10 Best PS2 Games That Use The EyeToy | Game RantDaniel KurlandGame Rant – Feed


Sony has done amazing work with the PlayStation 3 and PlayStation 4, but many gamers hold even more affection and nostalgia towards the PlayStation 2, which drastically updated upon their first console. The PlayStation 2 advanced the generation of gaming in considerable ways, a lot of which have now become the norm.

Related: 10 Of The Most Underrated PS2 Games

Sony also took some bigger swings with more ambitious ideas and peripherals, with the EyeToy camera being one of the dominant examples. It’s easy to dismiss the device as a simple gimmick, but there are a number of games that make inspired use of the EyeToy and are actually enjoyable experiences.

10 Disney Move


Not every EyeToy title is an incredibly deep experience, but the idea of combining this technology with various Disney franchises makes a lot of sense and it was a brilliant strategy to hook young gamers on the peripheral.

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Disney Move showcases a number of minigames that insert the player into classic Disney titles, like riding on Aladdin’s magic carpet, capturing ghosts on camera in the Haunted Mansion, or swordfighting alongside Peter Pan against Captain Hook. Disney Move doesn’t overextend itself and it offers up enough variety while doing Disney justice.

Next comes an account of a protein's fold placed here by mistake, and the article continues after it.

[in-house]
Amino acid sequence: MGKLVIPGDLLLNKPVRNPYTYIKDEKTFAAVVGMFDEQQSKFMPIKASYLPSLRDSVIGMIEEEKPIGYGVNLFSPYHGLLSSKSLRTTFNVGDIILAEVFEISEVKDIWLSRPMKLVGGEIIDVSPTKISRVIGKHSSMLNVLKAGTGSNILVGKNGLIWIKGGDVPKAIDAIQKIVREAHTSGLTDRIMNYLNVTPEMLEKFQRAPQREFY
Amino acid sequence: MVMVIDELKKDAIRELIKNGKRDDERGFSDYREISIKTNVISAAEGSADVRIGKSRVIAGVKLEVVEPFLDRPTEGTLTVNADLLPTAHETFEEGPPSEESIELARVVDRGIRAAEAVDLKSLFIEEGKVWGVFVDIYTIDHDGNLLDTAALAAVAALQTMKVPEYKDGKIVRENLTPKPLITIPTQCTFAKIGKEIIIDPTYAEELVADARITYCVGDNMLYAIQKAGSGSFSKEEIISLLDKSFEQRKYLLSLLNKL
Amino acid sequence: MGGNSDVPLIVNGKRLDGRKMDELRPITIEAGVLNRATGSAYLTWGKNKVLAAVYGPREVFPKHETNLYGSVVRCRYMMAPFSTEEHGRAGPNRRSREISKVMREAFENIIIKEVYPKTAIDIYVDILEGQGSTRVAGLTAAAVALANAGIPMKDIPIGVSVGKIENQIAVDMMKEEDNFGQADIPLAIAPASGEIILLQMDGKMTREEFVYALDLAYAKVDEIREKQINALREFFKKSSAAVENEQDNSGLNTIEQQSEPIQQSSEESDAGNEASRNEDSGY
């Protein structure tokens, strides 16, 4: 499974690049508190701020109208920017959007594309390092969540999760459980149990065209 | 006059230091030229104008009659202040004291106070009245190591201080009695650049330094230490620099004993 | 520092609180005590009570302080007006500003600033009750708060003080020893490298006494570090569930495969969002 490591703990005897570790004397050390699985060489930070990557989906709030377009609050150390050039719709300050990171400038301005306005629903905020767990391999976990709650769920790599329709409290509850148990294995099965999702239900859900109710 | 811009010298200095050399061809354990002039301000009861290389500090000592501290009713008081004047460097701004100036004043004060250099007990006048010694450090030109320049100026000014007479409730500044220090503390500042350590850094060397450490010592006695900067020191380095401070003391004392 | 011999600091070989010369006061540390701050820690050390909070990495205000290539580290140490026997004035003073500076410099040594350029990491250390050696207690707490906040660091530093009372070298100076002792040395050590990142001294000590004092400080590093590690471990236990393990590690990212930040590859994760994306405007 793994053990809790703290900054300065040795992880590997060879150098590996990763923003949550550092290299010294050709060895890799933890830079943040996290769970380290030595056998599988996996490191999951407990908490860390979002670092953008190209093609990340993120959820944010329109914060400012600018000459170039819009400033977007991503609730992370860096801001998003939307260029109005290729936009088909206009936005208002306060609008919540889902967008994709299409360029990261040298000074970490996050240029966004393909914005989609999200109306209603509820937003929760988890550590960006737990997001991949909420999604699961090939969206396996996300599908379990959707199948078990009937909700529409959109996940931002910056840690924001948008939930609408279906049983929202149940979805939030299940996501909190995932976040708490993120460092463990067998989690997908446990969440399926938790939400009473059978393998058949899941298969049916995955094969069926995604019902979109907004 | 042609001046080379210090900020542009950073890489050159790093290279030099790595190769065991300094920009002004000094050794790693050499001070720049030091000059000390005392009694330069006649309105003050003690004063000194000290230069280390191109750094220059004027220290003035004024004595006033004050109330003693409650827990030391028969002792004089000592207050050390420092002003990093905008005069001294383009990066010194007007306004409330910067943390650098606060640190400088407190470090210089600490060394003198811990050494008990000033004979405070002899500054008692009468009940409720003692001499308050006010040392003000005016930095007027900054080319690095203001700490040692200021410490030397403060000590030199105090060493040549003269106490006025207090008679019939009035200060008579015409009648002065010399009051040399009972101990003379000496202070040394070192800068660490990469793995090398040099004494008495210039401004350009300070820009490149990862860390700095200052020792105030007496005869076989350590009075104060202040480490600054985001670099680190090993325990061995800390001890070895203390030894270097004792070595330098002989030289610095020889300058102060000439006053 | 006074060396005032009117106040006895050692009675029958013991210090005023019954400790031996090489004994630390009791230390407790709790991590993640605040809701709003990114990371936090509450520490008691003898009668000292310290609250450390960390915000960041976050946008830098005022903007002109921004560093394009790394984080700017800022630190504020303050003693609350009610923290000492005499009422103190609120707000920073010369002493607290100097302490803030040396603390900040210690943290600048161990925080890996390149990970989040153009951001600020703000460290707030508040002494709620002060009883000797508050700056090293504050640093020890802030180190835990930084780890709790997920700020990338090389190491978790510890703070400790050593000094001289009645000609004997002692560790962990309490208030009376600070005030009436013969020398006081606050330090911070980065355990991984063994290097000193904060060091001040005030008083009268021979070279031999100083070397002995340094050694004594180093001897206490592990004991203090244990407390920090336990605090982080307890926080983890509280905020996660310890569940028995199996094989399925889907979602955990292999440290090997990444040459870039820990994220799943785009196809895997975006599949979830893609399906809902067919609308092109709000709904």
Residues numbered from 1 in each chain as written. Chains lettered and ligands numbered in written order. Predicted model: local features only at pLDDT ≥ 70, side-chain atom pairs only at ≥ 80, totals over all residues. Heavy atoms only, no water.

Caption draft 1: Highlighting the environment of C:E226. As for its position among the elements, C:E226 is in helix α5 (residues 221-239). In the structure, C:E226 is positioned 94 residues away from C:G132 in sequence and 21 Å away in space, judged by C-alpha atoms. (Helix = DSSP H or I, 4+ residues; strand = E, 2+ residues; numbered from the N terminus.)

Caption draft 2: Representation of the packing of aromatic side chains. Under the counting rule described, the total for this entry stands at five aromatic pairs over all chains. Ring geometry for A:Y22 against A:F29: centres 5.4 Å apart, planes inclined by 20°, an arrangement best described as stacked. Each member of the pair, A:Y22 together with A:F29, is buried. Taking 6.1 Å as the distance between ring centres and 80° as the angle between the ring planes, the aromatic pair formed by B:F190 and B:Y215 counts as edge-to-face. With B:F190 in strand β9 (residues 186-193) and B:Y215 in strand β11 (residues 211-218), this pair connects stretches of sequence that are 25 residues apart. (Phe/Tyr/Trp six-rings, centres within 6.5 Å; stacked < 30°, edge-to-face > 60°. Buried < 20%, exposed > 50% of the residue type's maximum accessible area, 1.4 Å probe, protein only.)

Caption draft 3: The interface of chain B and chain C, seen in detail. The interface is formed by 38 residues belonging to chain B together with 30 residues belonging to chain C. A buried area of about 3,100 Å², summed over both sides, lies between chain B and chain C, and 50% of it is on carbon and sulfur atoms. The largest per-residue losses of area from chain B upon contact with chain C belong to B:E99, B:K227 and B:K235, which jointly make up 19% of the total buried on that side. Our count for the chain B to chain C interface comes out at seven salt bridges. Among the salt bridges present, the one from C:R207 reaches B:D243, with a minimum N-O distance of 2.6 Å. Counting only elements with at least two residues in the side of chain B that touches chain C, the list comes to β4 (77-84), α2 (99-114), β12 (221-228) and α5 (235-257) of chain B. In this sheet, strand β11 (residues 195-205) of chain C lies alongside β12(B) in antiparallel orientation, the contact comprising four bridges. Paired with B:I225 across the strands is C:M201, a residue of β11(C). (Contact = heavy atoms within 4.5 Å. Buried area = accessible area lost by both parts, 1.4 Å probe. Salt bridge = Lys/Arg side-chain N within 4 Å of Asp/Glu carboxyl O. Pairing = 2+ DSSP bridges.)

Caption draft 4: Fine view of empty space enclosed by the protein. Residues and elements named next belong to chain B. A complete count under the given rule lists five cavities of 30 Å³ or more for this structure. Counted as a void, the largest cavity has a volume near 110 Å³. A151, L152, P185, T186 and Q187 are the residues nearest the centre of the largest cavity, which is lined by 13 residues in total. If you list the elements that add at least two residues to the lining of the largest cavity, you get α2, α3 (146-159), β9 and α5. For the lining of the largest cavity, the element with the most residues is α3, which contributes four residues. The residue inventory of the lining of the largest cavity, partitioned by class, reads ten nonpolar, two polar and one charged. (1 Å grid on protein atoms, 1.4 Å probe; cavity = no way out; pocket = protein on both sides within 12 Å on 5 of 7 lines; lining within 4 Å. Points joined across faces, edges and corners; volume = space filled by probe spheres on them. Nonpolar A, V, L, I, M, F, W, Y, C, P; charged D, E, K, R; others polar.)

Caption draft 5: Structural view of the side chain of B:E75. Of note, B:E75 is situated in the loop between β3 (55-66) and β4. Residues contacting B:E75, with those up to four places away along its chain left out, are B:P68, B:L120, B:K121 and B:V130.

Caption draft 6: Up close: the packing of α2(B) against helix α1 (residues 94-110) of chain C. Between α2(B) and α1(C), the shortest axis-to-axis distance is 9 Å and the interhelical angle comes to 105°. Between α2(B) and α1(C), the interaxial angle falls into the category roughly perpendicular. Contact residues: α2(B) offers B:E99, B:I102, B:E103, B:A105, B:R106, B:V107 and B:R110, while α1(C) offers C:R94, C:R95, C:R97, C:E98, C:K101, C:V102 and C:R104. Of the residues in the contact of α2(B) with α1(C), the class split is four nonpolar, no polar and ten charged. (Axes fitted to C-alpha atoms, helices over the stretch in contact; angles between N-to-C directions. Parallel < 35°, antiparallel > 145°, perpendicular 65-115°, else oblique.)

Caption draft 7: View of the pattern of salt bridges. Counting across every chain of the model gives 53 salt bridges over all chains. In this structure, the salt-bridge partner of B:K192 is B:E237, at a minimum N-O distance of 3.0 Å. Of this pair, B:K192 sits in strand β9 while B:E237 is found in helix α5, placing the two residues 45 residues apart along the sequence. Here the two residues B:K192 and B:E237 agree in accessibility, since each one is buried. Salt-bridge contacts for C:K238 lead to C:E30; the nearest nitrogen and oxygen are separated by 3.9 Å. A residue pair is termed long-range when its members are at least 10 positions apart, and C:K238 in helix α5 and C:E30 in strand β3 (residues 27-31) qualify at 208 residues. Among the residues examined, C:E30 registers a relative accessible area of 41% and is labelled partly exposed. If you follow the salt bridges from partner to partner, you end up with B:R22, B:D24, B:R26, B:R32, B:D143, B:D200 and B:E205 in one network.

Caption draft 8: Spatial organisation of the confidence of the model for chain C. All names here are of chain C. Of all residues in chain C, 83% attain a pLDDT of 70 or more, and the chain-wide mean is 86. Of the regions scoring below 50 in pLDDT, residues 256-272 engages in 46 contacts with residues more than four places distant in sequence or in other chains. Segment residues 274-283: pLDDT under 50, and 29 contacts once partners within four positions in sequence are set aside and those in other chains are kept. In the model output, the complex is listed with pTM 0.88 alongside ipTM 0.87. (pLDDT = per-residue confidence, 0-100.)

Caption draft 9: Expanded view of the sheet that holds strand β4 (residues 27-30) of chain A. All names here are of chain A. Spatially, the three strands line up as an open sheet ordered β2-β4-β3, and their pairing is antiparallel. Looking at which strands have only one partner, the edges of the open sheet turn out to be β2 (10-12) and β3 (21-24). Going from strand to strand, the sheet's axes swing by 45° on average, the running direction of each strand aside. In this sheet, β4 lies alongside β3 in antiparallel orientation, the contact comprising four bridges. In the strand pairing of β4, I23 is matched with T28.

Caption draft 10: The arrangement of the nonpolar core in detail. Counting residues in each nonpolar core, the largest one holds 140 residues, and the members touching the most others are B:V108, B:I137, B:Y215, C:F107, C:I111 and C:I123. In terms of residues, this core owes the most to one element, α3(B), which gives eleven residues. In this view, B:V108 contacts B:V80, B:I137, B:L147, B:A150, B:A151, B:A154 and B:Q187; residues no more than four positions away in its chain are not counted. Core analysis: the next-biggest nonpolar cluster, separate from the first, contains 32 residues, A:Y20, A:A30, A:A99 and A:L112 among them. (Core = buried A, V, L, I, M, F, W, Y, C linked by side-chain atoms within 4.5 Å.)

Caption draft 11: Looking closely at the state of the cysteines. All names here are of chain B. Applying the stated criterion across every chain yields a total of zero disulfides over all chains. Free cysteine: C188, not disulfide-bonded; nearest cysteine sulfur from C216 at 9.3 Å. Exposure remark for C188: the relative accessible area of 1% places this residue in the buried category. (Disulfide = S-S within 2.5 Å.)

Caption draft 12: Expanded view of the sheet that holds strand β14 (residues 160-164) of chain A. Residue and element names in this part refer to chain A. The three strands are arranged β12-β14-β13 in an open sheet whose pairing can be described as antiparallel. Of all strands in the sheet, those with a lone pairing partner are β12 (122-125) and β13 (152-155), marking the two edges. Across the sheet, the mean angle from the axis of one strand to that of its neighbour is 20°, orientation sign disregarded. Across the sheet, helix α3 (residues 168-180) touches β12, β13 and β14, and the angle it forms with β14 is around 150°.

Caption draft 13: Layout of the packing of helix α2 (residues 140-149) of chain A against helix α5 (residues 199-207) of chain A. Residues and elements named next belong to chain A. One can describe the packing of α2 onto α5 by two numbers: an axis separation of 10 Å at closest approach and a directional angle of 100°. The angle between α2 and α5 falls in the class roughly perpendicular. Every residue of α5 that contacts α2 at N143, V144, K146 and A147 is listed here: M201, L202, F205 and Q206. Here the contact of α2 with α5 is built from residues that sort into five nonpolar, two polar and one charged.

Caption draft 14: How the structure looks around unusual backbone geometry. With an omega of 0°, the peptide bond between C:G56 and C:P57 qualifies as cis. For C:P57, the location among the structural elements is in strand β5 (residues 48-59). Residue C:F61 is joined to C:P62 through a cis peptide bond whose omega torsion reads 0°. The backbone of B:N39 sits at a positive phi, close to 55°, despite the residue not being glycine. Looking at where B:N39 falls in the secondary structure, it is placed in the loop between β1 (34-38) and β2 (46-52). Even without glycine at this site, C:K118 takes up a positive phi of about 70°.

9 Formula One 05


Formula One 05 is a fast-paced racing title for the PlayStation 2 that captures a realistic take on formula one racing. There are some EyeToy titles that do require players to use their whole body as a means of steering the vehicle, but Formula One 05 is much cumbersome.

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The title leaves the racing mechanics to the standard controller and instead uses the EyeToy so the player can put their face on the racer and immerse themselves into the game that way. It’s a clever and subtle way to incorporate the peripheral.

8 Harry Potter And The Prisoner Of Azkaban


The Harry Potter series has dominated in the world of books and film, but it’s had a complicated time in the video game industry. Harry Potter and the Prisoner of Azkaban is a multi-platform title, but it’s the PlayStation 2 version that’s the most memorable since it makes use of the EyeToy in some clever additional minigames. The core title is a decent enough game, but there’s a certain thrill to be had to wave a wand on camera, wear the famous Sorting Hat, and there’s even microphone support so players can speak spells while they weave their magic.

7 EyeToy: Operation Spy


There have been a growing number of games that try to capture the energy of intense missions of espionage and stealth, but EyeToy: Operation Spy tries to go above and beyond in this regard. Operation Spy isn’t a very deep game and it’s obviously not going to hold a candle to the Metal Gear Solid franchise, but the title cleverly utilizes many of the tropes of the spy genre via the undercover missions the gamer must complete and the EyeToy technology. It’s an easy thrill, but one that still tries to do something different than the other EyeToy titles.

6 EyeToy Play: Hero